|Sobe Kobe…||02.05.09 at 1:43 pm ET|
That simple message was delivered at Thursday morning’s shoot-around here in Waltham, mere hours before they take on the reigning NBA MVP and his Lakers on the parquet of the TD Banknorth Garden.
That, and we’re not changing what we do just for Kobe.
“We just play him,” Celtics coach Doc Rivers announced. “We don’t have any Kobe rules or anything like that. We play our defense every night. We literally don’t change our style. Rarely, we may change them for a possession here or there, but you just try to keep him in front of you and wish for the best of luck because he’s tough. If it were easy to defend him, he wouldn’t be Kobe.”
“They’re a good basketball team,” Rivers said. “They’re no different. Obviously, they miss Bynum’s length but they’re going to get through the regular season and get him back for the playoffs and they’ll be fine. Kobe has clearly picked it up the last couple of games but so has Gasol. Gasol has had 31 points the last couple of games himself.”
Yes, Kobe has gone off for a combined 97 points against the 21-27 Knicks and the 19-32 Raptors this week.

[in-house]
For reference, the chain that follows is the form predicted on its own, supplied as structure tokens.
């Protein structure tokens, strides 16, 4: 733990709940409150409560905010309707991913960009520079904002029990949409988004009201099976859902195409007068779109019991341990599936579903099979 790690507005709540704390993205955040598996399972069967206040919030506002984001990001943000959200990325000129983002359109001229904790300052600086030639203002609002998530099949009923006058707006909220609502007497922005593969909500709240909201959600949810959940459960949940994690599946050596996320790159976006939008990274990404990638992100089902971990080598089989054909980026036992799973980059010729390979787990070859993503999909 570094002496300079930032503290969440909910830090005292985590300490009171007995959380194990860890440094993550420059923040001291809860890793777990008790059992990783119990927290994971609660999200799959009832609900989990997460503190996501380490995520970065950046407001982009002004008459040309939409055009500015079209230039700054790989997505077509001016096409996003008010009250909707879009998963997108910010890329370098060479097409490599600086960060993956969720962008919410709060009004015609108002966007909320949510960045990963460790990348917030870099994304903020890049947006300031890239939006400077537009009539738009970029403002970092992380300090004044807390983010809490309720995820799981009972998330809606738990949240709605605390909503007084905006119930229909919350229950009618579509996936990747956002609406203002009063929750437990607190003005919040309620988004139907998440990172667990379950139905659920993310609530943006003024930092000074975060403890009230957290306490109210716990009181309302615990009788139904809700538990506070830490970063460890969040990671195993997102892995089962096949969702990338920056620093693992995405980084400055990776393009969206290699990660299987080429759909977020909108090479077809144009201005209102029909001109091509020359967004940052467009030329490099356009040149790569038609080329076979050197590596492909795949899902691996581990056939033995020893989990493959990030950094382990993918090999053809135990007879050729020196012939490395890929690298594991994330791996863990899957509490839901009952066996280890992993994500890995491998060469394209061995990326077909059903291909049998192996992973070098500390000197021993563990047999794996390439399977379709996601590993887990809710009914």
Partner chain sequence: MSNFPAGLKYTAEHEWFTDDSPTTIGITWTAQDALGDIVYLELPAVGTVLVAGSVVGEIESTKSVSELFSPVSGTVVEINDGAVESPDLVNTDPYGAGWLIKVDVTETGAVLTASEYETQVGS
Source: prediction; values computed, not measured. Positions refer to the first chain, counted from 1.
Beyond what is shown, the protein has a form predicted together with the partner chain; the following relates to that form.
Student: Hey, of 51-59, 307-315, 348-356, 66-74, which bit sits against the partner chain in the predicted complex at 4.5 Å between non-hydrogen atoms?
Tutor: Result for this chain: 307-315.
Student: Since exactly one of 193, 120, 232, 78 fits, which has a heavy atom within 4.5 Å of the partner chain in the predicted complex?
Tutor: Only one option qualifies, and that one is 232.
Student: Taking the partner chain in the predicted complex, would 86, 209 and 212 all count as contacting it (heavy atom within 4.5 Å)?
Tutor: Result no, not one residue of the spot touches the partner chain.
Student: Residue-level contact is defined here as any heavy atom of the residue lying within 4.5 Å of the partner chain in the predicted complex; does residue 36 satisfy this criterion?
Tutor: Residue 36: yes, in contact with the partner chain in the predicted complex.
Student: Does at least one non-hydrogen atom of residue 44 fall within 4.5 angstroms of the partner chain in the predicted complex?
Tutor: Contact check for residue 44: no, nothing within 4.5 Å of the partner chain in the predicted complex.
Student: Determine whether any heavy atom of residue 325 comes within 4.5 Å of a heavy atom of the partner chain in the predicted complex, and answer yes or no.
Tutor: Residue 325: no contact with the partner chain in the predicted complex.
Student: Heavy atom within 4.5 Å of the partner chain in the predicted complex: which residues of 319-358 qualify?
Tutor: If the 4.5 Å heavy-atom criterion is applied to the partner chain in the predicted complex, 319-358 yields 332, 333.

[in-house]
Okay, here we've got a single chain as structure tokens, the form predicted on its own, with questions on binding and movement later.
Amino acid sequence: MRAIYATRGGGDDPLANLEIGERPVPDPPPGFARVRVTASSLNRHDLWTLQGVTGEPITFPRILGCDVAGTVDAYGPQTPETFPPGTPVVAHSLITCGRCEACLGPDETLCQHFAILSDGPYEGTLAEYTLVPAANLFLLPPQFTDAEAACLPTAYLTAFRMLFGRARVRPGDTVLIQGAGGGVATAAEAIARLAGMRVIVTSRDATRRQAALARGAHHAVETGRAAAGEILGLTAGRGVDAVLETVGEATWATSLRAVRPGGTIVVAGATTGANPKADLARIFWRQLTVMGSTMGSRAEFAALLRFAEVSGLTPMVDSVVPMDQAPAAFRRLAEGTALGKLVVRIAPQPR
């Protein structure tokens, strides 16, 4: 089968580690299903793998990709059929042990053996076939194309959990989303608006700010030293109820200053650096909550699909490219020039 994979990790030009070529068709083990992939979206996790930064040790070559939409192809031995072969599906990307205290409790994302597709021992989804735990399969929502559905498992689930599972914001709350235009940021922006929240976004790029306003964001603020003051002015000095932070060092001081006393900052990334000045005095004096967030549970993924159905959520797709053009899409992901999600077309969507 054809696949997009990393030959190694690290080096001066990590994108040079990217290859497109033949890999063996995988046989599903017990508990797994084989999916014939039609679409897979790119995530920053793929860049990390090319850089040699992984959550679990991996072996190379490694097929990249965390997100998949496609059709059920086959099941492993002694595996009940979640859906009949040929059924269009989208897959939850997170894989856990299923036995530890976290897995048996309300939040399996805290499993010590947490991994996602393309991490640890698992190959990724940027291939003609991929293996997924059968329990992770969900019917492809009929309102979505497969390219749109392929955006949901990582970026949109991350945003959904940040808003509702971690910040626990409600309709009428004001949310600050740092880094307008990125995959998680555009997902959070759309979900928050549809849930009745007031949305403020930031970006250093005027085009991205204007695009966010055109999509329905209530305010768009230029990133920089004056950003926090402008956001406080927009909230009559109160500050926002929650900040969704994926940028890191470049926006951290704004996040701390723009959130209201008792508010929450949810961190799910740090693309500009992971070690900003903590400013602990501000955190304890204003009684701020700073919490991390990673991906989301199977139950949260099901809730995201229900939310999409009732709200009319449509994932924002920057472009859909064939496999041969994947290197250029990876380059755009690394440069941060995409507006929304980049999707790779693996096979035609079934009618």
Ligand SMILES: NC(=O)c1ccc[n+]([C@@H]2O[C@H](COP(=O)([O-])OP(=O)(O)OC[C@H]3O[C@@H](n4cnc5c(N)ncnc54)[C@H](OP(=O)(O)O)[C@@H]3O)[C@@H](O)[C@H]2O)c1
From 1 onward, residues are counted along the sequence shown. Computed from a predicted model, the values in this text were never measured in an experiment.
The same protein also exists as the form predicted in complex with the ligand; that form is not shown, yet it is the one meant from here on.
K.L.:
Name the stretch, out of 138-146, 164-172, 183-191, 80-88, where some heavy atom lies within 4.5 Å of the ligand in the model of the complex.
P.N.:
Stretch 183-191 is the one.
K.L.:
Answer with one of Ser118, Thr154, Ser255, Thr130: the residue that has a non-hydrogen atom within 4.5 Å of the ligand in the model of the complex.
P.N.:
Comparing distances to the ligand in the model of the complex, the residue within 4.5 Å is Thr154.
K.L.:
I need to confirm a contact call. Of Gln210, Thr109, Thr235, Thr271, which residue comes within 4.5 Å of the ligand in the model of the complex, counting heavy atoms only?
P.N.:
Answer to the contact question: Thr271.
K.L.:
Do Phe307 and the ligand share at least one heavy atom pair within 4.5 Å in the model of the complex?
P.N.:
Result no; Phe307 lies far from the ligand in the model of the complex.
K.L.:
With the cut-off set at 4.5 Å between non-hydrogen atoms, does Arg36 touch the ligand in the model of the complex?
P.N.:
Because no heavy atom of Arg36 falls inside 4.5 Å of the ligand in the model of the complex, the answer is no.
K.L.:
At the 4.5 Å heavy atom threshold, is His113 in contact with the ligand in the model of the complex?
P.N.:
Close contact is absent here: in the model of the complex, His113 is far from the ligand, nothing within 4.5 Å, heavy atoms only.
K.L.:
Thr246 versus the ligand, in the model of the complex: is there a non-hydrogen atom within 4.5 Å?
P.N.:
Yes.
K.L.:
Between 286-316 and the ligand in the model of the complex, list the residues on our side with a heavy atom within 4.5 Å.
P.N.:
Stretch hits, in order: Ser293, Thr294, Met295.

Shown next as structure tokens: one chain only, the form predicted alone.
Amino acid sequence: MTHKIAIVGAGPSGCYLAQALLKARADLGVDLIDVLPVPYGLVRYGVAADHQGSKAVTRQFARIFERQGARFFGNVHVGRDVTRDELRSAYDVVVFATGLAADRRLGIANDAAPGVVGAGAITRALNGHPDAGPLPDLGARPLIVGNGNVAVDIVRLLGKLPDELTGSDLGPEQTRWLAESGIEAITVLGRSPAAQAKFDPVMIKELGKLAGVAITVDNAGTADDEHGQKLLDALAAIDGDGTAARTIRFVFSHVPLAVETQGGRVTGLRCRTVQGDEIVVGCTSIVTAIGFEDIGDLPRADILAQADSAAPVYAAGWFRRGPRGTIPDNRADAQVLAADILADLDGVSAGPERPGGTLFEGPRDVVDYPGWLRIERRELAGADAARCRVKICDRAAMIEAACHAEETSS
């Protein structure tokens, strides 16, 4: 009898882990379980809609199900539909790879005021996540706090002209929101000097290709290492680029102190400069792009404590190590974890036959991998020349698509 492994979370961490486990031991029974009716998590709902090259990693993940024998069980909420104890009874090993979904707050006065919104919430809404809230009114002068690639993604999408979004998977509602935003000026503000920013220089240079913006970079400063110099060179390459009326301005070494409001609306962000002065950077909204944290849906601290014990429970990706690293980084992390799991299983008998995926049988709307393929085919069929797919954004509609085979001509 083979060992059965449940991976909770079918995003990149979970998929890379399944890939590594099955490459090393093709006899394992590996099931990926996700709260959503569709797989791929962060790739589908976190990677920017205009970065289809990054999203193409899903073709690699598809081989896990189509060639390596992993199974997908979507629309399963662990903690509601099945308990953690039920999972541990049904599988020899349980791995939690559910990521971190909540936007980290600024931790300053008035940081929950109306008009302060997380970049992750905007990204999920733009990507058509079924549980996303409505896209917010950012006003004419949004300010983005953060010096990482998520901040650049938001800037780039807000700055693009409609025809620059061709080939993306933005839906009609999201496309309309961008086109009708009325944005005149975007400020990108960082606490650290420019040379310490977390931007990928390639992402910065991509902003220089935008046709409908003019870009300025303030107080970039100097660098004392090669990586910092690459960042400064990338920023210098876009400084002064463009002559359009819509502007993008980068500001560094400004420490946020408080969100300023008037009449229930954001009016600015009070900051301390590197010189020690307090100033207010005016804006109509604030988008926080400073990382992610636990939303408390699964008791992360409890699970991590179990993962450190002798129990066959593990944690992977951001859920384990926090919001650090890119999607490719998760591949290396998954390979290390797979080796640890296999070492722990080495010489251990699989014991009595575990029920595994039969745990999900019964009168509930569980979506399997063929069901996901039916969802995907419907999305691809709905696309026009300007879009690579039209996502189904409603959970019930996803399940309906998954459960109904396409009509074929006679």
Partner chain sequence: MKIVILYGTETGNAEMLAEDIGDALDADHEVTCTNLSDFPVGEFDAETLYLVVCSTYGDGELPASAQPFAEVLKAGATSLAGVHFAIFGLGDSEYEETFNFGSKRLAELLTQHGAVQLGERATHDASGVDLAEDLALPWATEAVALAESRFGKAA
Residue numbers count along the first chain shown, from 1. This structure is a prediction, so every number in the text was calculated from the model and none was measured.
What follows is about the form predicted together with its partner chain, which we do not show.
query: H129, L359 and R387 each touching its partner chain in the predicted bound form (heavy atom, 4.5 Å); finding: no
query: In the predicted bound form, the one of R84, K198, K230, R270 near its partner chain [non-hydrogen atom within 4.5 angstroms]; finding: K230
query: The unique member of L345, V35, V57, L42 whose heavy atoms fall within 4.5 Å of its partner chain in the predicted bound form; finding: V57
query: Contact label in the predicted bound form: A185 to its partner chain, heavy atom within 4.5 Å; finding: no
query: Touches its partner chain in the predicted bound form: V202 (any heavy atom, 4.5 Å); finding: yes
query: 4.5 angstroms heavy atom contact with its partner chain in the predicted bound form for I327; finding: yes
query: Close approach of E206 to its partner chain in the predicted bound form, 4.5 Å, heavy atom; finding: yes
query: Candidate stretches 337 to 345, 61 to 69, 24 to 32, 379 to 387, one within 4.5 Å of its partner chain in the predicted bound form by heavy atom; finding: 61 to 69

“We didn’t play in any of those games that we know of,” Rivers keenly observed. “We can’t do anything about that. That’s the way we always look at that. Let’s hope he doesn’t score 97 tonight. That would be very important for us trying to win this game, I can tell you that.”
Ask Rajon Rondo and the Celtics point guard is quick (and right) to point out that the Knicks have just as much to do with the 61 Kobe scored on Monday at MSG as anything else.
“He’s a great player,” Rondo said. “Sixty-one doesn’t happen all the time in the league but a lot of great scorers go off at times. That was transistion game he played against the Knicks. LeBron had 52 last night. That’s just the style (the Knicks) play.”
And yes, the Los Angeles Lakers come to town tonight with a Western Conference-best 39-9 mark, winners of four straight, playing on the same court they suffered their most humiliating loss in franchise history, that 39-point quit job last June in Game 6 of the NBA Finals.
“I’m sure they’ve seen it enough,” Rivers said. “I’m sure no one’s run that on TV at all. Well, they should be. Why wouldn’t they be? They’ll be up for the game. We’ll be up for the game.”
Therein lies the key difference between the Celtics and the Lakers. The Lakers are all about superstars, albeit great scoring superstars, but individuals nonetheless. The Celtics, during their second double-digit winning streak of the season, have built their dominance around defense.
Yes, the Celtics are weakened a little by the flu bug that has run through Kevin Garnett and the rest of the team.
“He felt strong,” Rivers said of Garnett at this morning’s shootaround in Waltham. “He’s fine. We’ll find out tonight. It’s easy to feel strong in a shoot-around but when you’re running up and down the floor when you haven’t done it, that’s a different story. I think there are six guys on Z-Paks, probably all due to Kevin, who knows.”